The Elephant 6 Documentary is out now, and I can’t wait to see it! I didn’t really discover the label until the early 2000s, when it was in its period of inactivity after the original heyday. For those who aren’t fans of indie rock, it’s hard to convey the importance of this label and the impact and influence it — and the artists within its collective — has had on independent music of the late 90s through today. And with the new documentary that influence is as strong as ever.
While Elephant 6 originally started in Ruston, Louisiana, it ultimately found a home in Athens, Georgia, the original home of R.E.M. With Elephant 6, Athens became a Mecca for independent music with so many bands getting their start in the town and a number of underground labels calling it home as well.
Elephant 6 might be the most well known of those, but it finds welcome company with others like Kindercore Records, which also released a lot of great underground indie pop in the late 90s and early 2000s, and Happy Happy Birthday to Me which continues to release indie rock, indie pop, lo-fi punk, and more. Both of these labels have parallels to Elephant 6.
Today I’m pulling albums by five bands from the Elephant 6 Collective and members of their “extended family” — ones that tangentially were related to the label in its heyday and shortly after. Many of these albums weren’t originally released on Elephant 6, but the bands in question stemmed from the label or its immediate sphere of influence.
On my YouTube Channel (from the video above), I call out two honorable mentions: bands that aren’t in my collection but should be. Here, I’m just incorporating them into the greater list. Let’s dig in…
First up is Beulah, which may actually be the first band from the collective I discovered from E6 back in 2001 or so. The album is The Coast is Never Clear from 2001, and it wasn’t actually on Elephant 6. You have to go back to their debut for that: 1997’s Handsome Western States.
That 2001 release led me to their 1999 album When your Heartstrings Break which I absolutely love. This one was also post the band’s Elephant 6 days. I remember getting truly obsessed with tracks like opener “Score From Agusta,” midpoint “Ballad of the Lonely Argonaut” and, my favorite, “Emma Blowgun’s Last Stand.”
Olivia Tremor Control
Olivia Tremor Control featured founding members of Elephant 6, including Bill Doss, Will Cullen Hart, and Jeff Mangum. The only member missing was Rob Schneider. So you can’t really talk about Elephant 6 without bringing up this band. Still, I never really got invested in the band, and they’re one I need to explore a bit more.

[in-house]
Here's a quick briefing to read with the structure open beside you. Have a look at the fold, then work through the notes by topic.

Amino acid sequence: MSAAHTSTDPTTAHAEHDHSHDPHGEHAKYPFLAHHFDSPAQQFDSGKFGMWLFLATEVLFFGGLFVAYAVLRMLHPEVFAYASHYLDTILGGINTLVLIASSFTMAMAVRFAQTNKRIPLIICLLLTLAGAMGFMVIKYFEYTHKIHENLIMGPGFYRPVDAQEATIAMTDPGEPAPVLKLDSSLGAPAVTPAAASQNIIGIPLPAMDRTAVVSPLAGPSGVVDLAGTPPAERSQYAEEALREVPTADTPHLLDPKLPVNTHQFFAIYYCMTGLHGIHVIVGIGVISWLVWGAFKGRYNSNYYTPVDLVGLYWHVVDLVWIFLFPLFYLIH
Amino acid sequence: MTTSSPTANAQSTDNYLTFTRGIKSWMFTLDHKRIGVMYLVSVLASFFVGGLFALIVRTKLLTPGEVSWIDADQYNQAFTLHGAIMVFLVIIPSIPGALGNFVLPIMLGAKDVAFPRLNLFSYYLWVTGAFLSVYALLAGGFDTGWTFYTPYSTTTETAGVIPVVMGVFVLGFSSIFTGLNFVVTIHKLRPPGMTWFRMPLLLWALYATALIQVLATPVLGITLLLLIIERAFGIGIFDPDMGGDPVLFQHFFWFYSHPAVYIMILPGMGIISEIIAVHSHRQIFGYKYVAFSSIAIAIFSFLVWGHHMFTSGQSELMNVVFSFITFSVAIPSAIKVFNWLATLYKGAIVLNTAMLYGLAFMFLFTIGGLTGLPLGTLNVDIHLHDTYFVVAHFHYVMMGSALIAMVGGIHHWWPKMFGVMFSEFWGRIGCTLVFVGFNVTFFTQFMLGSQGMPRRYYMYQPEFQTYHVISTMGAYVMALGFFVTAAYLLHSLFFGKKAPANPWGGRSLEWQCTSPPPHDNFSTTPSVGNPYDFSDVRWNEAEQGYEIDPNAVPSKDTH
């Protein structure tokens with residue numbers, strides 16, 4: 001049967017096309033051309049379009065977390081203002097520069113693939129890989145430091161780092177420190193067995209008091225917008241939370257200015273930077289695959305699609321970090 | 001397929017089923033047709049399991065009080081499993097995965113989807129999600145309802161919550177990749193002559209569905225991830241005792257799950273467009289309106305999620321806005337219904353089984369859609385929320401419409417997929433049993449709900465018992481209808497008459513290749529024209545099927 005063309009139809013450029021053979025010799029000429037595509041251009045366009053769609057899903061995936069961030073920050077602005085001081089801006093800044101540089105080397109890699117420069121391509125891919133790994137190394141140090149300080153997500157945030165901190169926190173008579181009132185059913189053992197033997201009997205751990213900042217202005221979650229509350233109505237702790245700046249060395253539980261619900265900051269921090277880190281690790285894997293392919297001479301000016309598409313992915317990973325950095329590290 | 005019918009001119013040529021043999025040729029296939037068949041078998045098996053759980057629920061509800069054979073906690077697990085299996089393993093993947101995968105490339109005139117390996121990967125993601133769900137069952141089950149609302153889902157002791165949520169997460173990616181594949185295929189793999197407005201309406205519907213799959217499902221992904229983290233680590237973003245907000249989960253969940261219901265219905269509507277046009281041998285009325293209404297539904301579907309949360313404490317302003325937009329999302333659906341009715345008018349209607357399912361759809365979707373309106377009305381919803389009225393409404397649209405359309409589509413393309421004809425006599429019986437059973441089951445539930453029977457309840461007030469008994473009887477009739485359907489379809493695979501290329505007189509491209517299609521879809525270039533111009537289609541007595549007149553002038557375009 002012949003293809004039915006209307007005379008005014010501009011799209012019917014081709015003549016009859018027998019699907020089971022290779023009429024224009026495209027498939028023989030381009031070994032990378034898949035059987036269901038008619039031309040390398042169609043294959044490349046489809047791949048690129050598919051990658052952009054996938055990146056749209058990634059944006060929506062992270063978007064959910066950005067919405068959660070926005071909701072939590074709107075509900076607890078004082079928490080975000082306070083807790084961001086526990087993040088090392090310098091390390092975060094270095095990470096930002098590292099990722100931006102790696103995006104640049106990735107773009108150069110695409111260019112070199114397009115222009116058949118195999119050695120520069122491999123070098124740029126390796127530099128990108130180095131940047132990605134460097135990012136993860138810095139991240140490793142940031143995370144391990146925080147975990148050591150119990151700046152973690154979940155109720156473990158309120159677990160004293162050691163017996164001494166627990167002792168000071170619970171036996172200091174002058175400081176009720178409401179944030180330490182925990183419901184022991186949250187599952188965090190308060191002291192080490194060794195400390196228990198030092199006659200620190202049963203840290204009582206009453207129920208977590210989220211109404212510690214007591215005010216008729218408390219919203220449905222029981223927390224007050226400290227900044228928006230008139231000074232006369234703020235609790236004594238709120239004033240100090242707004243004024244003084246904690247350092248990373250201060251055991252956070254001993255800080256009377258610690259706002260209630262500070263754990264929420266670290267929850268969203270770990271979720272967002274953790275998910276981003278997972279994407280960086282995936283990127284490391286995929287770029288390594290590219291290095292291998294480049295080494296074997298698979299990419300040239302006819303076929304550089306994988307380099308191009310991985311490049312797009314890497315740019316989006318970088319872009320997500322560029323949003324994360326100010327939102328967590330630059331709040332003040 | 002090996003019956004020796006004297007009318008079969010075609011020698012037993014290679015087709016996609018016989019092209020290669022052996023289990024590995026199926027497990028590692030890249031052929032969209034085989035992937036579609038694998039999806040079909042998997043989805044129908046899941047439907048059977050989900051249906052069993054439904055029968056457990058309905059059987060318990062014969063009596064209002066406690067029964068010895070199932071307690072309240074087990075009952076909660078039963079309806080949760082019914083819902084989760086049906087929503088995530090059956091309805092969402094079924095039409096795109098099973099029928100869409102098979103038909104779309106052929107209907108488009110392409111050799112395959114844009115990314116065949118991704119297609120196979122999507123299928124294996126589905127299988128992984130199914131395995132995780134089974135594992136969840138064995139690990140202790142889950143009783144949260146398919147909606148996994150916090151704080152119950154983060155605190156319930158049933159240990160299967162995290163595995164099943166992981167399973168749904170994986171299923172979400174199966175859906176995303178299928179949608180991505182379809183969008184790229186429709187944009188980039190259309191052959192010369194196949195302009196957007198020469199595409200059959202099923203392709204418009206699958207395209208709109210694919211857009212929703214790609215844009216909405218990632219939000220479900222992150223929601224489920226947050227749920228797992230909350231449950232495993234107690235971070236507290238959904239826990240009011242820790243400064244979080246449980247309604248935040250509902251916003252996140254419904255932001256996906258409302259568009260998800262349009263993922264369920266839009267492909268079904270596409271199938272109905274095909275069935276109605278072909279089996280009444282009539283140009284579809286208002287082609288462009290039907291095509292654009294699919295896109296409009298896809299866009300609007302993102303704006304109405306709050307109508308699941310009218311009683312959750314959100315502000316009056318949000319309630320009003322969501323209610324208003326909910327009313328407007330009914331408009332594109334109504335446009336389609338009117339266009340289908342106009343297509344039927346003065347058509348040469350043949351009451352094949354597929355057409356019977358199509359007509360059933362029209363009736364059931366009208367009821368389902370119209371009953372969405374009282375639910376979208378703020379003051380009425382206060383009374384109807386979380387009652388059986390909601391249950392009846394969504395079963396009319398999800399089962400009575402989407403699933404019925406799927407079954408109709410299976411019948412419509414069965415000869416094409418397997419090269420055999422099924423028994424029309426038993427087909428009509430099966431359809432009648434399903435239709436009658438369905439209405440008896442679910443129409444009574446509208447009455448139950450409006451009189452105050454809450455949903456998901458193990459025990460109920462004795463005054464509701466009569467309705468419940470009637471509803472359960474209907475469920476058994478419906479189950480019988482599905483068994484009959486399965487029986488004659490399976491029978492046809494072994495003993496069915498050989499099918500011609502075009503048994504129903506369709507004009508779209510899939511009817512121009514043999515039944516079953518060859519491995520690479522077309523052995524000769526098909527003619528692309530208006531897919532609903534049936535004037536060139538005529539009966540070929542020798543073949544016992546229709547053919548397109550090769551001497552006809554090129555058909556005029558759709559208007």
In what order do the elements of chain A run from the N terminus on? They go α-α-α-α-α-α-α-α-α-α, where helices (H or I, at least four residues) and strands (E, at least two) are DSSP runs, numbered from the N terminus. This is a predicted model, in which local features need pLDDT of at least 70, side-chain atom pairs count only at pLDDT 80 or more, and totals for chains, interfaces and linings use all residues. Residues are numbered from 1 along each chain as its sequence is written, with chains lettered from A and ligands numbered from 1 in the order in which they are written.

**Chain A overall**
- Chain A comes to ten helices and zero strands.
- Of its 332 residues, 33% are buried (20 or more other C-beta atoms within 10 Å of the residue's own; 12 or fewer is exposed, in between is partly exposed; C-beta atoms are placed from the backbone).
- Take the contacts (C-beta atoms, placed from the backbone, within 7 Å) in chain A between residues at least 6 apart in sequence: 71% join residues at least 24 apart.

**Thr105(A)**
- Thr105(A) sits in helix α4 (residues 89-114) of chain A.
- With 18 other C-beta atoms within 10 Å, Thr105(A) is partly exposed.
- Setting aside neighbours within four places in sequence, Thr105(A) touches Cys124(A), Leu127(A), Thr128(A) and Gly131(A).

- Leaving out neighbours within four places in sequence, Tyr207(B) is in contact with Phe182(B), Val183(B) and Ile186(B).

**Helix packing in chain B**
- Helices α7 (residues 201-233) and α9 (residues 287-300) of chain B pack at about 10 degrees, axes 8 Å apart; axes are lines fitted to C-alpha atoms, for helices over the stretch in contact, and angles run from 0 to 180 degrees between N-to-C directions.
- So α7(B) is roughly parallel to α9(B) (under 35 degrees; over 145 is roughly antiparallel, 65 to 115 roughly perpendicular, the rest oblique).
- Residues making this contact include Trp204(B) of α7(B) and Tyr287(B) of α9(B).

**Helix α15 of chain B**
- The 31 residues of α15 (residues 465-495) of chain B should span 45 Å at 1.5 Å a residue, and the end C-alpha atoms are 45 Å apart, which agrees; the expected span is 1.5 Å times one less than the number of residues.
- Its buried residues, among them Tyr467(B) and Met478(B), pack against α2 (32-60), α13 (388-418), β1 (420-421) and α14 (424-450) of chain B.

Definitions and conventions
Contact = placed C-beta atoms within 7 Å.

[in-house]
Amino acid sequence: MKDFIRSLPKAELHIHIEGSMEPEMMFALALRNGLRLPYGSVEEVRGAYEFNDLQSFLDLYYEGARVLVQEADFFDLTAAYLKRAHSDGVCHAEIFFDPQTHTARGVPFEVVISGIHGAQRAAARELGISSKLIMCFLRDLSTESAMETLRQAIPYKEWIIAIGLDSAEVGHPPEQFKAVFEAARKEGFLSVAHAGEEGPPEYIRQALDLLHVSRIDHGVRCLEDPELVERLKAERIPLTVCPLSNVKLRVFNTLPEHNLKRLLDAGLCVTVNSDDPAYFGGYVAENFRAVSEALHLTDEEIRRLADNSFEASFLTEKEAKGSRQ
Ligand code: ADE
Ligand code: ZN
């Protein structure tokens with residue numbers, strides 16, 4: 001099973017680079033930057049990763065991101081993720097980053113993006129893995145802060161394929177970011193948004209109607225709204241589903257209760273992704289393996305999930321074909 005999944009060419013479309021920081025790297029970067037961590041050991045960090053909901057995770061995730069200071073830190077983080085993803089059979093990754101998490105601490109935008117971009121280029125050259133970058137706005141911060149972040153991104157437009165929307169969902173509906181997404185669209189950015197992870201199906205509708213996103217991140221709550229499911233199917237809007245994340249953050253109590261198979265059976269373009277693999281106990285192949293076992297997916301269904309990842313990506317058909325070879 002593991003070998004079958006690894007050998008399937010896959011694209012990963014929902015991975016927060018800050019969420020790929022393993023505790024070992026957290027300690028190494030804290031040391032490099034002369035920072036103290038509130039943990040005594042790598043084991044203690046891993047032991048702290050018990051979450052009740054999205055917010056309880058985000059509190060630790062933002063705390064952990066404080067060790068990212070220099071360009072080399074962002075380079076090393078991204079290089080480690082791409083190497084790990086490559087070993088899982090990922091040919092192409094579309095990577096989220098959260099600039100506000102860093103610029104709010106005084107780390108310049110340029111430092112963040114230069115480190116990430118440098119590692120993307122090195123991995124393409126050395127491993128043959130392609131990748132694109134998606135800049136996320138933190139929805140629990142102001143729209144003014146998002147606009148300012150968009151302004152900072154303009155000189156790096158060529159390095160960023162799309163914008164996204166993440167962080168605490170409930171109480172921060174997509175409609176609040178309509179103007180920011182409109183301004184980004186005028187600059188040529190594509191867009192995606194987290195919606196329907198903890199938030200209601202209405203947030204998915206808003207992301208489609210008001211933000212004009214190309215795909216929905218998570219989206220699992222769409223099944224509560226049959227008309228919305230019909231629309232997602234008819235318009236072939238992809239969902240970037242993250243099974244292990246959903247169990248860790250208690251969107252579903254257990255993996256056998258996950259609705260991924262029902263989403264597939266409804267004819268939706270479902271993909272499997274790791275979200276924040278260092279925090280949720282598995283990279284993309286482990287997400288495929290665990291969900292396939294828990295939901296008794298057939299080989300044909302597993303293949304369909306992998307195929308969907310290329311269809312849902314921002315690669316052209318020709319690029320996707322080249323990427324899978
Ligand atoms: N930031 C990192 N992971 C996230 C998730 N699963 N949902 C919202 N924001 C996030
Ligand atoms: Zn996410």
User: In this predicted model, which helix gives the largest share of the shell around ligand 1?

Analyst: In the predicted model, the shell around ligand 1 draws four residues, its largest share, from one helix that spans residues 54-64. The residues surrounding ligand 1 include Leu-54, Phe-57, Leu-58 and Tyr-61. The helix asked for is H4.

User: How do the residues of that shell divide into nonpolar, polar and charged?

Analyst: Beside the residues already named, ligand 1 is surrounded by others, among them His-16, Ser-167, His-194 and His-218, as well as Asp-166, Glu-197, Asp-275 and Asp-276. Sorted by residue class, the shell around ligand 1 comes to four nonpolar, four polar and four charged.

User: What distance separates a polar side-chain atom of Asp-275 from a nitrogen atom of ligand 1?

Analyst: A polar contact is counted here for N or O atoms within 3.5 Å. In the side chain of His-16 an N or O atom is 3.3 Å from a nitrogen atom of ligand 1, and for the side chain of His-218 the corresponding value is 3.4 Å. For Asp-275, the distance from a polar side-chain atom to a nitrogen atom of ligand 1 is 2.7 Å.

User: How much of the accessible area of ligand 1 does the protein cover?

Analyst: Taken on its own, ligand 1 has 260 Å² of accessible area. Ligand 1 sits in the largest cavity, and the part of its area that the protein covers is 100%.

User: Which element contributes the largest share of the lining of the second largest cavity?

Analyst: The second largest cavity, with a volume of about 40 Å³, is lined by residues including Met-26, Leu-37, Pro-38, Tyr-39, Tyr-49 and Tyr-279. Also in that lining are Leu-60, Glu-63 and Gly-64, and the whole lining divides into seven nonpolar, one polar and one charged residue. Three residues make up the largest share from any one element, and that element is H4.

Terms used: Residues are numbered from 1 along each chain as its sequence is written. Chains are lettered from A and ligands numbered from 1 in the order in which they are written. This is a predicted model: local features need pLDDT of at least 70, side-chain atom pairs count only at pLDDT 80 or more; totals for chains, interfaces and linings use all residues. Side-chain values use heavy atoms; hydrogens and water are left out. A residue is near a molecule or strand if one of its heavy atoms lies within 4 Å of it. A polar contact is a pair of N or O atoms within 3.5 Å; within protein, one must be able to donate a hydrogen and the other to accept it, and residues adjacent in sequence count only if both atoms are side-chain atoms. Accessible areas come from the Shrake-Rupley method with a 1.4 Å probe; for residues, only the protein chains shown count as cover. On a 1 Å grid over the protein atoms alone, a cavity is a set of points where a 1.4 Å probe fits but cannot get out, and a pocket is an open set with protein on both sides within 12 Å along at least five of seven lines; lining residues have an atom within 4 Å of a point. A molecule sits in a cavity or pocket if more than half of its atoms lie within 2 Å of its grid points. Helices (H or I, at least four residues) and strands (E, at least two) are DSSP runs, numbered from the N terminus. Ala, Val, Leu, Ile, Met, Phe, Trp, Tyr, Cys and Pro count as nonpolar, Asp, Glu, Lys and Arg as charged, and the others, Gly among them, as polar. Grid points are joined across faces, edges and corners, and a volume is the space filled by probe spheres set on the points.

So, if you have a recommendation on which album to pick up, drop your thoughts in the comments below. Which one are most passionate about?
Neutral Milk Hotel
Perhaps the most widely praised band from the collective is Neutral Milk Hotel.
In the Aeroplane Over the Sea was released on Merge Records in 1998 and blends lo-fi 90s indie rock with psychedelic folk. Fronted by Elephant 6 founder Jeff Mangum, the album was produced by fellow founder Robert Schneider. The documentary goes into the history of this album quite a bit more.
It was the bands’ second studio LP, following On Avery Island from 1995, which was also released on Merge.
Aside from these two studio albums and a handful of singles, there aren’t really any other releases by Neutral Milk Hotel. Mangum did release a live album under his own name. Live at Jittery Joe’s is predominantly comprised of tracks off both studio albums.
Ultimately, it’s In the Aeroplane Over the Sea that most people covet, myself included.
Apples in Stereo
Where Olivia Tremor Control featured three of the four founding members of Elephant 6, and Neutral Milk Hotel was founding member Jeff Mangum’s influential project, founder Robert Schneider’s baby has always been The Apples in Stereo.
I picked up the band’s Velocity of Sound closing in on two decades ago. The album was released in 2002. I also snapped a copy of Travelers in Space and Time back in 2010. Then there’s this 7-inch from the HHBTM singles club 7-inch from 2007-2009. This features Apples in Stereo on one side and a Seattle band called Patience Please on the B-side.